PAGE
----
Possible MOT Regulation Changes - Bad or Good?
Keeping your vehicle in top condition is essential for ensuring it is safe to drive on the roads.
Recently, the Government proposed changes to the MOT regulations – causing waves in the fleet and logistics industry. In this article, I will discuss the proposed changes and what it means for motorists.
Roadworthy vehicles and potential changes
The recently proposed modifications to the MOT legislation have drawn much debate within the industry, with several businesses and associations questioning the suggested laws.
An MOT test is a mandatory vehicle test by the British Government to determine whether the vehicle meets the roadworthiness requirements.
Some government officials claim the changes are necessary because today’s vehicles are built better and are more resilient to wear and tear, particularly with electric vehicles having fewer moving parts.
The scope of the MOT has expanded over the years to include additional checks. In May 2018, the new MOT system was introduced and moved away from a simple pass or failed with advisories to a new five-category system.
Failures were split into two classes: major and dangerous, while three pass categories were introduced: pass, pass with minor defects, and pass with advisories.
What does the Data say?
Recent data from the Driver and Vehicle Standards Agency (DVSA) states that non-working headlights, indicators and reflectors accounted for over 25.5% of all MOT failures from March 2021 to 2022.
According to RAC, the same figures show that 7.3 million small passenger vehicles initially failed their MOTs while 2.4 million vehicles flunked due to at least one dangerous defect. Of these severe defects, brakes and tyres represent 88%.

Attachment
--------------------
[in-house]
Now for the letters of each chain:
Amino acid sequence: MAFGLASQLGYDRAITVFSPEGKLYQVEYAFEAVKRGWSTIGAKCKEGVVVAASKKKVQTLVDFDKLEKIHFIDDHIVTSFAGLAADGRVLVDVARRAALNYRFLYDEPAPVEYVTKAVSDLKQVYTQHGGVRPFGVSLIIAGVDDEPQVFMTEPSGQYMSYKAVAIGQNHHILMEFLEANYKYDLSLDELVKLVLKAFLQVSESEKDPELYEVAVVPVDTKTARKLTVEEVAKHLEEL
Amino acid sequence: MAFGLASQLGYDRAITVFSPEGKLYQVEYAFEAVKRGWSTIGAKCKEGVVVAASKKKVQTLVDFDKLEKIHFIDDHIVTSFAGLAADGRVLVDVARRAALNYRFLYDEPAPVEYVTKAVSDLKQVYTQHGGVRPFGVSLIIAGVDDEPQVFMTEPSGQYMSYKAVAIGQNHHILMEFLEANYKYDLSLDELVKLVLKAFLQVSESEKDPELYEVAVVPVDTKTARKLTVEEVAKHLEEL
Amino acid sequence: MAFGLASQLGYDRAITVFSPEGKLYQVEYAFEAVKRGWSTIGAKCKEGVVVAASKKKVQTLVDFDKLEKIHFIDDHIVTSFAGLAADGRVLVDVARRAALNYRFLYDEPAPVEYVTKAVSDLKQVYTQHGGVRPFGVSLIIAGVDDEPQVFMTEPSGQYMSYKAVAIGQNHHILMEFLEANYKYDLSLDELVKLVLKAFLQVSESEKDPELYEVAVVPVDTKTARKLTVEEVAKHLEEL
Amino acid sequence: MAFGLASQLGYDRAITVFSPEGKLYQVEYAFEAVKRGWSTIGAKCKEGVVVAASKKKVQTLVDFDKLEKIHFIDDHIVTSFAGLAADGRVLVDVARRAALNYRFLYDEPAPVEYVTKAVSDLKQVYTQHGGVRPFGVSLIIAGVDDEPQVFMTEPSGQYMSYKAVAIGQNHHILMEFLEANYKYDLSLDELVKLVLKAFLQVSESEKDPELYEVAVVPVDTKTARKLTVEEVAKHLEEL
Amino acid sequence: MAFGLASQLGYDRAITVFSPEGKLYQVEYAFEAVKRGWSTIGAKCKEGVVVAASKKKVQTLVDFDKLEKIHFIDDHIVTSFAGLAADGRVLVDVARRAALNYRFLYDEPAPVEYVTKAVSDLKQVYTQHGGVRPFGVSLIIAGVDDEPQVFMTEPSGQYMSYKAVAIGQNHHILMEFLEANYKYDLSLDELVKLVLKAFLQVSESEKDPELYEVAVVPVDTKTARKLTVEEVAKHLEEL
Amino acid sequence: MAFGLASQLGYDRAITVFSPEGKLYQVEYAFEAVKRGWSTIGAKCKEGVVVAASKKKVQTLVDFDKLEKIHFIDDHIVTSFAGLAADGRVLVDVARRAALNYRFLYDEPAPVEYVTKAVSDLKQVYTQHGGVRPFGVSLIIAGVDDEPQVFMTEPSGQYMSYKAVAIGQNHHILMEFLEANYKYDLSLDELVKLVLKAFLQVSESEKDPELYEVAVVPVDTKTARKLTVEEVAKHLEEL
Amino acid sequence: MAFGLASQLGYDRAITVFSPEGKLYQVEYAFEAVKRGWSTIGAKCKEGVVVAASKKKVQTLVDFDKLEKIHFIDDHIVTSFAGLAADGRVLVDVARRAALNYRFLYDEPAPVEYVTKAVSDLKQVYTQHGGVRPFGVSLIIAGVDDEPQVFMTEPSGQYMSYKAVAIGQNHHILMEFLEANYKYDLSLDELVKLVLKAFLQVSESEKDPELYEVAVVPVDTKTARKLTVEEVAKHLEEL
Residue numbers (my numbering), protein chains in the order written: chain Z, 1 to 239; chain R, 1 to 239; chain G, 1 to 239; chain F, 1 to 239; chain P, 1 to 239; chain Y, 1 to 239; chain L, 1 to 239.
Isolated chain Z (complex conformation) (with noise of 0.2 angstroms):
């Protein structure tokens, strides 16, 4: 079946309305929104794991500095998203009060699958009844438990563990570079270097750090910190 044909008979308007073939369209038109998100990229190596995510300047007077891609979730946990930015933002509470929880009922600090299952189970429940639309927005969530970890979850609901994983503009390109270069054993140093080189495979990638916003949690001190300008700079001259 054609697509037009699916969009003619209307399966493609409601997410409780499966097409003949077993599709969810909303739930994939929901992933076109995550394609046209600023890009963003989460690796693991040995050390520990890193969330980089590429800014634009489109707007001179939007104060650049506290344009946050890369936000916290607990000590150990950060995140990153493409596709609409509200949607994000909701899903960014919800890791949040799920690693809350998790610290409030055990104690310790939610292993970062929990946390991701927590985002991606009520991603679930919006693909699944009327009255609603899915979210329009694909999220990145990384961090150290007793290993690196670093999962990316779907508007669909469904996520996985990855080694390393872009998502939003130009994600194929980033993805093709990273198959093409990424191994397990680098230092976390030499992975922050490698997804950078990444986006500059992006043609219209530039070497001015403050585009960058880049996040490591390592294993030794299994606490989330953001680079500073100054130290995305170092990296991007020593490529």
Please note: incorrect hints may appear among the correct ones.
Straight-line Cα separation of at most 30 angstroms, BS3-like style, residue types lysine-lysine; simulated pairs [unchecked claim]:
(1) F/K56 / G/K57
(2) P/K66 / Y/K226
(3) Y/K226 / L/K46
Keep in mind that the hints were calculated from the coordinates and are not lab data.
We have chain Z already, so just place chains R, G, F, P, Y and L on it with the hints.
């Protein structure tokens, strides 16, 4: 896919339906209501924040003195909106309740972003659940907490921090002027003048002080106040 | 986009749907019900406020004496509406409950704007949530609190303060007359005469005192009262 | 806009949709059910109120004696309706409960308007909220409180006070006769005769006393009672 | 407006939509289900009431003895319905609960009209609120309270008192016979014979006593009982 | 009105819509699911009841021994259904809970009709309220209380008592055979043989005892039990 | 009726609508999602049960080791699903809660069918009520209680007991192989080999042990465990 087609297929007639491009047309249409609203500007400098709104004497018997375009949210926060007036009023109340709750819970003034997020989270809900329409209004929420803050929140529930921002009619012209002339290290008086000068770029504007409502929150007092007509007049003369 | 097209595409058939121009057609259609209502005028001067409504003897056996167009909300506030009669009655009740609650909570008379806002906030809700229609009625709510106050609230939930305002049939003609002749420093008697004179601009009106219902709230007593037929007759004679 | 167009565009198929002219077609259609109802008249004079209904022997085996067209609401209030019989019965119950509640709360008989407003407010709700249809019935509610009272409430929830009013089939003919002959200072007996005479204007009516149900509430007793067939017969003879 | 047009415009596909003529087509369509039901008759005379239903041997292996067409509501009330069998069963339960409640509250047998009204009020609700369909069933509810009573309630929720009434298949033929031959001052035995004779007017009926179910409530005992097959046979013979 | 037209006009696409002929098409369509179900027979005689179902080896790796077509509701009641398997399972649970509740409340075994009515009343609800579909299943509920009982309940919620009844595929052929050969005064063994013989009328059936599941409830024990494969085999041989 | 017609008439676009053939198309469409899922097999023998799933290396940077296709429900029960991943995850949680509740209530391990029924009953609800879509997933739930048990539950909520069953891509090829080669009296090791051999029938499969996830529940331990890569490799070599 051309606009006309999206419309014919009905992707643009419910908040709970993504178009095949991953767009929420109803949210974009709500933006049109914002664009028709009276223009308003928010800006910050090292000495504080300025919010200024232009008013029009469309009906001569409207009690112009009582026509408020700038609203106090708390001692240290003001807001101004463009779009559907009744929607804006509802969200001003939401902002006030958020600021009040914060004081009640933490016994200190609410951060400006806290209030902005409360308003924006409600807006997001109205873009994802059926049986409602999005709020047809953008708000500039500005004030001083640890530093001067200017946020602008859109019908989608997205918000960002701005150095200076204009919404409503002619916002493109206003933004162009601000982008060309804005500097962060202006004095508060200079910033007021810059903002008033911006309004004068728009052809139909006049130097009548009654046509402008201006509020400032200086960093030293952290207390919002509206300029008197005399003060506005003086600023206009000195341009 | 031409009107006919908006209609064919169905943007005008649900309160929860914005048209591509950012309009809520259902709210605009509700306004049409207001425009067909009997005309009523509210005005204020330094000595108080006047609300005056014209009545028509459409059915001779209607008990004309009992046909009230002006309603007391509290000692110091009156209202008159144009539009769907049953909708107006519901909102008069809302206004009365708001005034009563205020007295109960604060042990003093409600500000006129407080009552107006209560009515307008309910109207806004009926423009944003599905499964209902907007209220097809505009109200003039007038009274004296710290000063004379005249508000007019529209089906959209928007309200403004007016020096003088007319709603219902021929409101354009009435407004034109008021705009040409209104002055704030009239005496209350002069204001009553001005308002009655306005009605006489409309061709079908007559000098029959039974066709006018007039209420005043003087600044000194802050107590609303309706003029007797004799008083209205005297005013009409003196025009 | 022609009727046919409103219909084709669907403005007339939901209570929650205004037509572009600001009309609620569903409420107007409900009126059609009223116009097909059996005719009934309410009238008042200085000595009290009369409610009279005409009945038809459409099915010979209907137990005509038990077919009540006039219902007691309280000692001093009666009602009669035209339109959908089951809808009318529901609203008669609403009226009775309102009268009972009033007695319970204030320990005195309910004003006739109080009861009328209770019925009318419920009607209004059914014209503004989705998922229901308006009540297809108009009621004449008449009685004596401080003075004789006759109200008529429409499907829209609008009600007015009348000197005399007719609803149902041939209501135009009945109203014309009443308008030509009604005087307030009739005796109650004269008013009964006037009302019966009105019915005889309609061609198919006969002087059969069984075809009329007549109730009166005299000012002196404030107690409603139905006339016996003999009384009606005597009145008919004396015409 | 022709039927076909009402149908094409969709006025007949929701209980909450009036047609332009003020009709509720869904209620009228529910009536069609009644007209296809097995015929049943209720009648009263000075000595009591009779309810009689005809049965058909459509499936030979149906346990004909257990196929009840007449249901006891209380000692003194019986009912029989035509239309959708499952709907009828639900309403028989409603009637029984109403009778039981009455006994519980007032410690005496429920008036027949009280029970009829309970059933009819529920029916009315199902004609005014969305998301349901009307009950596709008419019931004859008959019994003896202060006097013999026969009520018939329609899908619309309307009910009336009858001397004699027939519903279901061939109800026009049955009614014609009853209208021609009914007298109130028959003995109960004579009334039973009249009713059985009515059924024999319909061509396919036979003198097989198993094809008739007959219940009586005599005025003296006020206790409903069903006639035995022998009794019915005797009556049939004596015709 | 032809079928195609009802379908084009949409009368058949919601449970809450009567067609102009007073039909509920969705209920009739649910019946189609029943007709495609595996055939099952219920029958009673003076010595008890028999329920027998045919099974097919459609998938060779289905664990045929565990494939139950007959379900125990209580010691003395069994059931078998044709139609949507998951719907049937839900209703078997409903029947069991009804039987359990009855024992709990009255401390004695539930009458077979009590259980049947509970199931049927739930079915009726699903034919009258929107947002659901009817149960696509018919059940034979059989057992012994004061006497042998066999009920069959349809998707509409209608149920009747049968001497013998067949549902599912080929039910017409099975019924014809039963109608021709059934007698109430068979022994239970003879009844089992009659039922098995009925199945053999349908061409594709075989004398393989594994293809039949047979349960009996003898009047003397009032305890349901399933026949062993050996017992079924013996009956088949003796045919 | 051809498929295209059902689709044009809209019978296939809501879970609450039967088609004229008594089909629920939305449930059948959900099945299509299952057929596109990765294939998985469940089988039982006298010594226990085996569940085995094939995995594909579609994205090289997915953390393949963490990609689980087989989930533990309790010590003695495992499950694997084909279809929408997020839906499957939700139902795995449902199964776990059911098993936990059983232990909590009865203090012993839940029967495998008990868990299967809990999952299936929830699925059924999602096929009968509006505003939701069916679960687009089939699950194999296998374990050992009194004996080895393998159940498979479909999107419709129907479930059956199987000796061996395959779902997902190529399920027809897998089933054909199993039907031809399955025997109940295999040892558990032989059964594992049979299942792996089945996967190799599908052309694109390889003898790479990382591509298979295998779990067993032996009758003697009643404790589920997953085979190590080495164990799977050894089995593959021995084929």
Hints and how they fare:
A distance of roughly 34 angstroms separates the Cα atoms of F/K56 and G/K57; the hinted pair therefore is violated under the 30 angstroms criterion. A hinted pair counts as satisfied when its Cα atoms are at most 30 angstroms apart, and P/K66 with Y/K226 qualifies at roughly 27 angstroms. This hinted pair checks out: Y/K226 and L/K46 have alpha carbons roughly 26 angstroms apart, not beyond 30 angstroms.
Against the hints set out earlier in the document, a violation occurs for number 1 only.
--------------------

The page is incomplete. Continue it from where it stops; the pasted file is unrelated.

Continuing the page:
The main question is, would these vehicles with serious defects still be on the road if they were not tested annually?
This would effectively mean more unroadworthy vehicles on the road, potentially causing more accidents – a warning echoed by various automotive bodies.
The proposals have led to backlash from several Automotive trade bodies who have launched online petitions to stop the changes.
The petition said that any reduction to the MOT frequency would increase road deaths caused by vehicle defects.
Routine servicing also reduces potential long-term costs, as the assessment usually includes maintenance checks.
According to a poll by Fleet News, more than half (55%) of the 1,435 drivers said changing the MOT to every two years was a bad idea. Just over a fifth (22%) thought it was a good idea, while a similar proportion (23%) were unsure.
In another poll, almost two-thirds of fleet businesses would not support extending the first MOT. Fleets fear that changing the current testing regime would be detrimental to road safety.
MOT and Road Safety
While the cost of living crisis is real, can we afford to cut back on road safety to lessen the pull on purse strings? Everyone has their own opinion and views on this. As a logistics business, we support any initiative that promotes driver and road safety. Annual road safety checks are paramount for our drivers’ safety and other road users. While revising procedures as times change makes sense, perhaps a comprise could be made; ultimately, time will tell.
Drivers in Britain can be fined up to £1,000 for using a vehicle without a valid MOT certificate. However, if a vehicle was found to be “dangerous” and the driver ignored the issues, they could be fined up to £2,500, a driving ban, and three penalty points.
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